FILE - In this Jan. 27, 2005 file photo, Gerry Anderson, poses for a photograph with a toy Thunderbird 2 on the 40th anniversary of the Thunderbirds first broadcast, in London. Anderson, the British creator of the hit "Thunderbirds" TV show, died Wednesday, Dec. 26, 2012 at age 83. He is survived by his wife, son Jerry, and three other children. (AP Photo/PA, Hugo Philpot, File) UNITED KINGDOM OUT, NO SALES, NO ARCHIVE
Gerry Anderson, poses for a photograph with a toy Thunderbird 2 on the 40th anniversary of the Thunderbirds first broadcast, in London.  — AP Photo

LONDON: Gerry Anderson, the British director and creator of the cult sci-fi animation series “Thunderbirds”, died on Wednesday aged 83, his son announced.

Anderson had been suffering from Alzheimer's disease since 2010 and his health had deteriorated in the past six months, causing him to be moved into a care home in October, Jamie Anderson said. The animator created “Joe 90”, “Stingray” and “Captain Scarlet”, but he was best known for “Thunderbirds”, which used a form of marionette puppetry dubbed “Supermarionation”. The series, first shown in Britain in 1965, followed the adventures of a highly secretive organisation whose mission was to help those in peril using spacecraft and a range of high-tech vehicles operating from a Pacific Island. The characters' catchphrases, such as “Thunderbirds are go!” and “FAB”, were incorporated into the vocabularies of a generation of young fans.

“I'm very sad to announce the death of my father, 'Thunderbirds' creator, Gerry Anderson,” his son announced on his personal website. “He died peacefully in his sleep at midday today having suffered with mixed dementia for the past few years.”Earlier this year, Anderson himself described how he became aware of his illness. “I don't think I realised at all. It was my wife Mary who began to notice that I would do something quite daft like putting the kettle in the sink and waiting for it to boil,” he told the BBC. At a charity event for the Alzheimer's Society in July, Anderson said that although he tried to stay positive “and enjoy every day”, dementia was a debilitating illness that affected not just him but also his family.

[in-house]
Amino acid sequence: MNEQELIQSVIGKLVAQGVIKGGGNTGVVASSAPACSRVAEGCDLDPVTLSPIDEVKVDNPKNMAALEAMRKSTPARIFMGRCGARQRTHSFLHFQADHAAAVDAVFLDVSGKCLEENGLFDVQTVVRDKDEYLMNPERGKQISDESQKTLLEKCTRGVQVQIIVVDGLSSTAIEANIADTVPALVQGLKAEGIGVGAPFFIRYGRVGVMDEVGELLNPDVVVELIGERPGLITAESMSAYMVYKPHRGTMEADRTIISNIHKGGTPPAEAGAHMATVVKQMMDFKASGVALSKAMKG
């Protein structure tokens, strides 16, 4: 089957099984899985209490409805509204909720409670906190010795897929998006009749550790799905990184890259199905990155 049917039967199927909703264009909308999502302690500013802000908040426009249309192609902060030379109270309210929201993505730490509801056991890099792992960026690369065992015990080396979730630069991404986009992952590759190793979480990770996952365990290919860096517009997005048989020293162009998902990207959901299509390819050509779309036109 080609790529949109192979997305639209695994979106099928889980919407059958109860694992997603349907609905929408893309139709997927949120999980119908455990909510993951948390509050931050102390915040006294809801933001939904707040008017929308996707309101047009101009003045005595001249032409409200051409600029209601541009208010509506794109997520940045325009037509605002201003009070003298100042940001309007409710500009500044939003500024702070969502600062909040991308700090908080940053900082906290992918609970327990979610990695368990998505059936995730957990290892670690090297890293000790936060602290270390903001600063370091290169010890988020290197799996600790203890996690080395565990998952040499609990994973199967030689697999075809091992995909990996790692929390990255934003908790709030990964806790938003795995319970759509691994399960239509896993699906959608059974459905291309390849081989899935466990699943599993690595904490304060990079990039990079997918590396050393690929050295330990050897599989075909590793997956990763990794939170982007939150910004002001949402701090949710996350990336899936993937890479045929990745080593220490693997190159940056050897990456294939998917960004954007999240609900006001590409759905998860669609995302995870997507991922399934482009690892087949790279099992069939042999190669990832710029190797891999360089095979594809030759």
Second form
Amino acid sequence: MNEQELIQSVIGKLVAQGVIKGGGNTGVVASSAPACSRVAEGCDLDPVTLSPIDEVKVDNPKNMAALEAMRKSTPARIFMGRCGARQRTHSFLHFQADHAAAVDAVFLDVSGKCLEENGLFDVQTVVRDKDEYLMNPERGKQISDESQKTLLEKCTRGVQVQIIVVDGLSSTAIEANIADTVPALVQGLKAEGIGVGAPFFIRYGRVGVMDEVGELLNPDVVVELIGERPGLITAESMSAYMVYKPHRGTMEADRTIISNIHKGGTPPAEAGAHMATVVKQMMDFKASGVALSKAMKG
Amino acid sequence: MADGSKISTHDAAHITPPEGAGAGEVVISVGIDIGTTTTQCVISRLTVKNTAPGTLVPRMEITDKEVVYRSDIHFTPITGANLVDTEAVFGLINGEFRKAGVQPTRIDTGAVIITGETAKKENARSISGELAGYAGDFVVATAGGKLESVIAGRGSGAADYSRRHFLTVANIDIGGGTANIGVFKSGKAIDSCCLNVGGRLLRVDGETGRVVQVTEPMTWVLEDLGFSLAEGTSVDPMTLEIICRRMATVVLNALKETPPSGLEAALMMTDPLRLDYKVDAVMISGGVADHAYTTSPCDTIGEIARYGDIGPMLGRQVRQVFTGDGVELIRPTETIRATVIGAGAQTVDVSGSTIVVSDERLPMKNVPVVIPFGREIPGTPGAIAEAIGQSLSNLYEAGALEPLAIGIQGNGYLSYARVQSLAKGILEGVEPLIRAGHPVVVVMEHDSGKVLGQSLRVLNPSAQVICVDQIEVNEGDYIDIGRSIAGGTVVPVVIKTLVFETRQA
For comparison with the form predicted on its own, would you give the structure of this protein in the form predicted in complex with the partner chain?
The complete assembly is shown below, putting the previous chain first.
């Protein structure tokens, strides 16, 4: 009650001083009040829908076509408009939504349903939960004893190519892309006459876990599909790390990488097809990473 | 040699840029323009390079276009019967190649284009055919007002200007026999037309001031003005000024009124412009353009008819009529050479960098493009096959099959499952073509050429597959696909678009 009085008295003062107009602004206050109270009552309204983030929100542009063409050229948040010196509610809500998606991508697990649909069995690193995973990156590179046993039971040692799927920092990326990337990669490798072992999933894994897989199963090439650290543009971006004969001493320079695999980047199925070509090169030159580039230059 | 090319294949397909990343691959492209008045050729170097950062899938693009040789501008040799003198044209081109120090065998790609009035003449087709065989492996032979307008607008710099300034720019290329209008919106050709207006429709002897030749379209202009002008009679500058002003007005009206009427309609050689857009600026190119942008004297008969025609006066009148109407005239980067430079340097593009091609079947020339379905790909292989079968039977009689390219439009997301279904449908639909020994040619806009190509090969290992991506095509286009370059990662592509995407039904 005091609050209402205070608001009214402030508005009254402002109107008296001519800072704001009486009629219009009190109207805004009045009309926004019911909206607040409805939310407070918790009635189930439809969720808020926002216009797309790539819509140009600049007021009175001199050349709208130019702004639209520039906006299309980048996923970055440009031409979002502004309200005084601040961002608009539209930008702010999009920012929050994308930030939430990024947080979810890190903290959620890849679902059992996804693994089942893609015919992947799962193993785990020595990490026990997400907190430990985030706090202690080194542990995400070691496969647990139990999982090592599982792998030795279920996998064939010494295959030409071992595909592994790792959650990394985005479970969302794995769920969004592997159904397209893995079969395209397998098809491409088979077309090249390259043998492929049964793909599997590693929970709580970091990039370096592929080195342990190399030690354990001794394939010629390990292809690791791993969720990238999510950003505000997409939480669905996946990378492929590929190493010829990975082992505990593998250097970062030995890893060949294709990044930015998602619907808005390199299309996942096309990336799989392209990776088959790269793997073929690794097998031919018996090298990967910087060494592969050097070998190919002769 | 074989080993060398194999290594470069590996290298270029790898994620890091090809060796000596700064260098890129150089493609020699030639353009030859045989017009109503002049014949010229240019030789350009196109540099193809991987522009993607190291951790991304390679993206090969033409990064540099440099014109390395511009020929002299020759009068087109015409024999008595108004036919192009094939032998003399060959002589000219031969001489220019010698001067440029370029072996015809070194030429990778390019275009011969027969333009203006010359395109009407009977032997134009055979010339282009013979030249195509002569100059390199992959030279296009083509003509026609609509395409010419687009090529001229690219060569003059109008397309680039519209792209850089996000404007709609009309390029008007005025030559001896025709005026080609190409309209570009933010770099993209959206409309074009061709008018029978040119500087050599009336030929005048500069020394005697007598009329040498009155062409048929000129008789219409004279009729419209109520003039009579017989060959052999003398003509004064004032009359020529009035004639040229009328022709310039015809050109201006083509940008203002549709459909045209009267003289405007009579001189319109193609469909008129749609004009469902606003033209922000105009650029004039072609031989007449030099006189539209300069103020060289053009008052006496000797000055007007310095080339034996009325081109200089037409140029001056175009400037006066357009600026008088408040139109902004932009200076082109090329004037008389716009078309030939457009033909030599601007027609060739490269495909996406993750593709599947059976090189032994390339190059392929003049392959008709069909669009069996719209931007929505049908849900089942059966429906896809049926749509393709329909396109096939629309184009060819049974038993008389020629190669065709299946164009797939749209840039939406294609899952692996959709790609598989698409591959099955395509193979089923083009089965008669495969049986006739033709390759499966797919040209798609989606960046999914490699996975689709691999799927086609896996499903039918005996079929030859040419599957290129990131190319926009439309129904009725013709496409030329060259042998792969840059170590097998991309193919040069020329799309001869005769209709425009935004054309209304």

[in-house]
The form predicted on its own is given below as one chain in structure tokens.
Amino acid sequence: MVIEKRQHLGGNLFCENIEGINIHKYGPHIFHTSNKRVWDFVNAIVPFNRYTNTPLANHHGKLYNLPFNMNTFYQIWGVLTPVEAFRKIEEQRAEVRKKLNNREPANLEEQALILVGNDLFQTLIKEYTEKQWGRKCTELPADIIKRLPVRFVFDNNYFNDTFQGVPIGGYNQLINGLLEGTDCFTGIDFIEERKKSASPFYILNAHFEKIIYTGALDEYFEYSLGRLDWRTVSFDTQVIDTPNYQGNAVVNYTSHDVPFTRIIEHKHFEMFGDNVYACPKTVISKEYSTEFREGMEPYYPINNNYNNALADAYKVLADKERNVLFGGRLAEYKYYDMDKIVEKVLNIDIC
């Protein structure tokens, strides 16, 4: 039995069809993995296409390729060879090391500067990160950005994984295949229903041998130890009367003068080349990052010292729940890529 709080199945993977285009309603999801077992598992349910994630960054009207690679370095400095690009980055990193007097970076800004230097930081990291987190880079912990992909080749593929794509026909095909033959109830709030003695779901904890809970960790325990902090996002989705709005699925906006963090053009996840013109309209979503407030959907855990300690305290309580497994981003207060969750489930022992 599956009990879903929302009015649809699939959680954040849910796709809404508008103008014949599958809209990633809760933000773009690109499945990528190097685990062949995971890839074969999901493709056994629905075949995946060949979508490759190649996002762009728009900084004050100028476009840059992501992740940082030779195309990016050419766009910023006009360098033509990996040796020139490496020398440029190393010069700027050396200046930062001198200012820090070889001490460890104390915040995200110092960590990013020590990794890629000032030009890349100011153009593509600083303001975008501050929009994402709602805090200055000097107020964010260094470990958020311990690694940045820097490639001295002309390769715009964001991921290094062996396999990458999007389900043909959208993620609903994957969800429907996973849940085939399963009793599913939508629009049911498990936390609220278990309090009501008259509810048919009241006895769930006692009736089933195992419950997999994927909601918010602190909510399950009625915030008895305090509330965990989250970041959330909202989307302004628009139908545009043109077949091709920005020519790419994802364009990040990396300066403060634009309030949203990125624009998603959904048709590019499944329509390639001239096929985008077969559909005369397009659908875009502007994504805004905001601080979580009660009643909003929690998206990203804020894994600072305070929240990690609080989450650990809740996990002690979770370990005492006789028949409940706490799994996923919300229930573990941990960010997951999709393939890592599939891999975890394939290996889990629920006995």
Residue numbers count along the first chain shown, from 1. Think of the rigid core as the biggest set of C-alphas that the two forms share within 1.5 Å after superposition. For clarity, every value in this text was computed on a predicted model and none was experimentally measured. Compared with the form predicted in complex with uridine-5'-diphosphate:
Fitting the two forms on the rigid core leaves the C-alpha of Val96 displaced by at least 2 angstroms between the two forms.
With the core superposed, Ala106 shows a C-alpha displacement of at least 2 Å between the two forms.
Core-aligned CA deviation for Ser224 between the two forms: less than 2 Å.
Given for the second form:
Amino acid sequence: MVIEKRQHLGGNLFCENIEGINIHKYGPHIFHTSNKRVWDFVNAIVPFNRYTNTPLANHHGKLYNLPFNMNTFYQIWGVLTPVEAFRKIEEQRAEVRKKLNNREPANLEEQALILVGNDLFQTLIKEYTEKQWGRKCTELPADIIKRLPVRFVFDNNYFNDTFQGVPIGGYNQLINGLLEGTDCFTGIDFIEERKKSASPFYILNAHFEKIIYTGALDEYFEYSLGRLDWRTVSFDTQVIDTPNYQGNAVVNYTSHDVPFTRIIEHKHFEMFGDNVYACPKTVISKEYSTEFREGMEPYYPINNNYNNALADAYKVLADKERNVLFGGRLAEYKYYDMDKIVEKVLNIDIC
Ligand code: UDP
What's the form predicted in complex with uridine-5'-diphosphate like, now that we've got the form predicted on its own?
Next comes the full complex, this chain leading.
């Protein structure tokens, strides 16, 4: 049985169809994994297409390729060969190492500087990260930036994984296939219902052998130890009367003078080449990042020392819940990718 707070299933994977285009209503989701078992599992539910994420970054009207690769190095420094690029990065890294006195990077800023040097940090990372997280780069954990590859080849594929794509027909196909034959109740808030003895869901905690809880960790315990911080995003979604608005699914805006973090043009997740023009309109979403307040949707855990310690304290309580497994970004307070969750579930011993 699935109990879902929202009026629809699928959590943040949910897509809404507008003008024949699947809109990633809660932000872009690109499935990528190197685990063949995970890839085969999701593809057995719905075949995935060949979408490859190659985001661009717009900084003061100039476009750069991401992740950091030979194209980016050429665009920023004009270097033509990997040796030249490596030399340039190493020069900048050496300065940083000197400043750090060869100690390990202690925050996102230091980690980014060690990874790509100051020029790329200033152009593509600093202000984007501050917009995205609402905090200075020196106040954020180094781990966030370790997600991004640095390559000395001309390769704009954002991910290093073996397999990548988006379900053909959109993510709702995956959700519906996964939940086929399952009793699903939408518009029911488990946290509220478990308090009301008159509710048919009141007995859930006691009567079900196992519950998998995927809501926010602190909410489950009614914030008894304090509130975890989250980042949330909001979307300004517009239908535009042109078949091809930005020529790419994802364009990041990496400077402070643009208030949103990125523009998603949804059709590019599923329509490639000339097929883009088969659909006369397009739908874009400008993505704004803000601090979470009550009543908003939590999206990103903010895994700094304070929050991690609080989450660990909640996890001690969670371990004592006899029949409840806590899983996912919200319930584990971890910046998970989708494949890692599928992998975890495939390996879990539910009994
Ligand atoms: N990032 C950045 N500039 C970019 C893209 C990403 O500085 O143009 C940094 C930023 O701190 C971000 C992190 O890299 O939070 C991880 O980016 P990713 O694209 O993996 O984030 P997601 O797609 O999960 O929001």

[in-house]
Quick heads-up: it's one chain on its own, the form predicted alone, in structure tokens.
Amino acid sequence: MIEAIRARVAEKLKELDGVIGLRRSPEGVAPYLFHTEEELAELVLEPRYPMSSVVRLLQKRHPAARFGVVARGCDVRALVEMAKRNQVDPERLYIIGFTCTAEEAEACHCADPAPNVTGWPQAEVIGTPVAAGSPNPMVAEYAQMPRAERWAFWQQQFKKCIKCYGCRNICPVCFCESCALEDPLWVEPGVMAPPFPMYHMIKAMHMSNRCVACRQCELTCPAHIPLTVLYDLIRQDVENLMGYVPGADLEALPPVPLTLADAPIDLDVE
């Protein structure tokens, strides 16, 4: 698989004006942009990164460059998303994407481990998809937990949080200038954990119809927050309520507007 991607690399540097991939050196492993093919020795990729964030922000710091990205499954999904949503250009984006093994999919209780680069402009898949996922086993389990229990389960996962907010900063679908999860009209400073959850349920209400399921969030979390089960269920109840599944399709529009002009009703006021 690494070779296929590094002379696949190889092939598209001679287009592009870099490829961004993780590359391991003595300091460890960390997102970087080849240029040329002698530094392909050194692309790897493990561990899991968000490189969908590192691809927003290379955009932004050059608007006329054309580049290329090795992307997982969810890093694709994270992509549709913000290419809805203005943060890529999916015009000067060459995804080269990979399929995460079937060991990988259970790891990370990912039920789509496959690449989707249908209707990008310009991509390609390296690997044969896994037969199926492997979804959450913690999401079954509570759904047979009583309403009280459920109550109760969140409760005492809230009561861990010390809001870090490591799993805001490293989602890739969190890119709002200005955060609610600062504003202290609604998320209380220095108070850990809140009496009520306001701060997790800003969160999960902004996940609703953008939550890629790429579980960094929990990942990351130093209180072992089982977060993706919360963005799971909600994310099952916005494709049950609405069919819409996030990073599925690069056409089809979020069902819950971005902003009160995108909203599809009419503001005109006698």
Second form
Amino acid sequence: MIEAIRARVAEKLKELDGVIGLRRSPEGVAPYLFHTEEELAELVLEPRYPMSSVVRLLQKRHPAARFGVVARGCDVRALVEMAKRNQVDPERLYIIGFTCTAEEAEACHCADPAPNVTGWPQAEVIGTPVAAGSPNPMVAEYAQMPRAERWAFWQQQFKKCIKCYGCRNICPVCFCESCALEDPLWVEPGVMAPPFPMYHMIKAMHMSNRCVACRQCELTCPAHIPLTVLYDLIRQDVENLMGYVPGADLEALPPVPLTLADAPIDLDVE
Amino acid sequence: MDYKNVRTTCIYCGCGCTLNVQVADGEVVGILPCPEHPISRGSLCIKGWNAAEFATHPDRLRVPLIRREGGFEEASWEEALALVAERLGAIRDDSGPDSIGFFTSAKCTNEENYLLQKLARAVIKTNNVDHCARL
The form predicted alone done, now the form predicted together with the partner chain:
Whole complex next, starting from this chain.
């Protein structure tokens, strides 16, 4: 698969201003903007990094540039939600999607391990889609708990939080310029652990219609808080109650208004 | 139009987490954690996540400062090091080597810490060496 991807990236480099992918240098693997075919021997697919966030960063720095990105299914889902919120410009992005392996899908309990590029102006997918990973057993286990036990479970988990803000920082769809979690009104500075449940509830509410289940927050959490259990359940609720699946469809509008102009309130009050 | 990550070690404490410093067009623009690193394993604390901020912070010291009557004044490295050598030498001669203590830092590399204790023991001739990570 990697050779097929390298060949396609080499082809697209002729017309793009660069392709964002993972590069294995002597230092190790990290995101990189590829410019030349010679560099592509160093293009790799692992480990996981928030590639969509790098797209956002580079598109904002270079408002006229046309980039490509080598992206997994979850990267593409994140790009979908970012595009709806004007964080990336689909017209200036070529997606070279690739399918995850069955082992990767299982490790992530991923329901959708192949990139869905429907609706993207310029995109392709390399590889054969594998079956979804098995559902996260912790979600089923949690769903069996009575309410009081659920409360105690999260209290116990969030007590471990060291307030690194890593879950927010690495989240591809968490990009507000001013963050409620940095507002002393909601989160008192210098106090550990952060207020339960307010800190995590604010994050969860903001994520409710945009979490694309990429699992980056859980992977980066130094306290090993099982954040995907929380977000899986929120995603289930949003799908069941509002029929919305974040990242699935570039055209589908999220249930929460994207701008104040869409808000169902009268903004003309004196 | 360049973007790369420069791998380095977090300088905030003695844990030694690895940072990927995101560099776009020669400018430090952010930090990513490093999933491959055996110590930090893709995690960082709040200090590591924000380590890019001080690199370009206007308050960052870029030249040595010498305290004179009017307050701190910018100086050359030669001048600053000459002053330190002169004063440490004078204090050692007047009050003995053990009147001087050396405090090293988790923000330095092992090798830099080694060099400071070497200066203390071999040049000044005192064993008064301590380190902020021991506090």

He said that not being able to drive was “the bitterest blow”, adding: “That virtually took away my freedom. “It meant that I couldn't go to Pinewood Studios where I worked, and this depressed me enormously because my film work was my life. Suddenly my life was cut off.”Anderson began his career studying fibrous plastering, the technique used to make mouldings, but he suffered from dermatitis and had to switch to work as a photographer.  He also briefly earned a living as an air traffic controller before setting up a film company with friends.

His first commission was a children's puppet series called “The Adventures of Twizzle”, which allowed him to perfect the technique of Supermarionation. It first involved recording the soundtrack for the voices. Then when the puppets were being filmed, the electric signal from the taped dialogue was transmitted to sensors in the puppets' heads. That meant that the marionettes' lips were synchronised with the soundtrack, which after being perfected in “Fireball XL5” and “Stingray” was ready for the launch of “Thunderbirds”. Anderson came up with the idea for “Thunderbirds” in 1963 while listening to a radio report about a revolutionary machine being transported across Germany to rescue miners trapped deep in a mine. He developed the concept with his second wife, TV and film producer Sylvia Anderson, to whom he was married from 1960 to 1981. First shown on Britain's ITV network, the series was set 100 years in the future, but despite its glamorous concept, it was filmed in the drab surroundings of a trading estate in Slough to the west of London. The plot revolved around International Rescue, manned by the Tracy family, often assisted by the glamorous Lady Penelope - voiced by Sylvia Anderson - and her butler, Parker. Anderson remained involved in the film industry until relatively recently, working on a CGI-animated television version of “Captain Scarlet”, and as consultant on a Hollywood remake of his 1969 series “UFO”. Anderson leaves behind his widow Mary and their son Jamie, and three children from his previous marriages, Joy, Linda and Gerry Junior.

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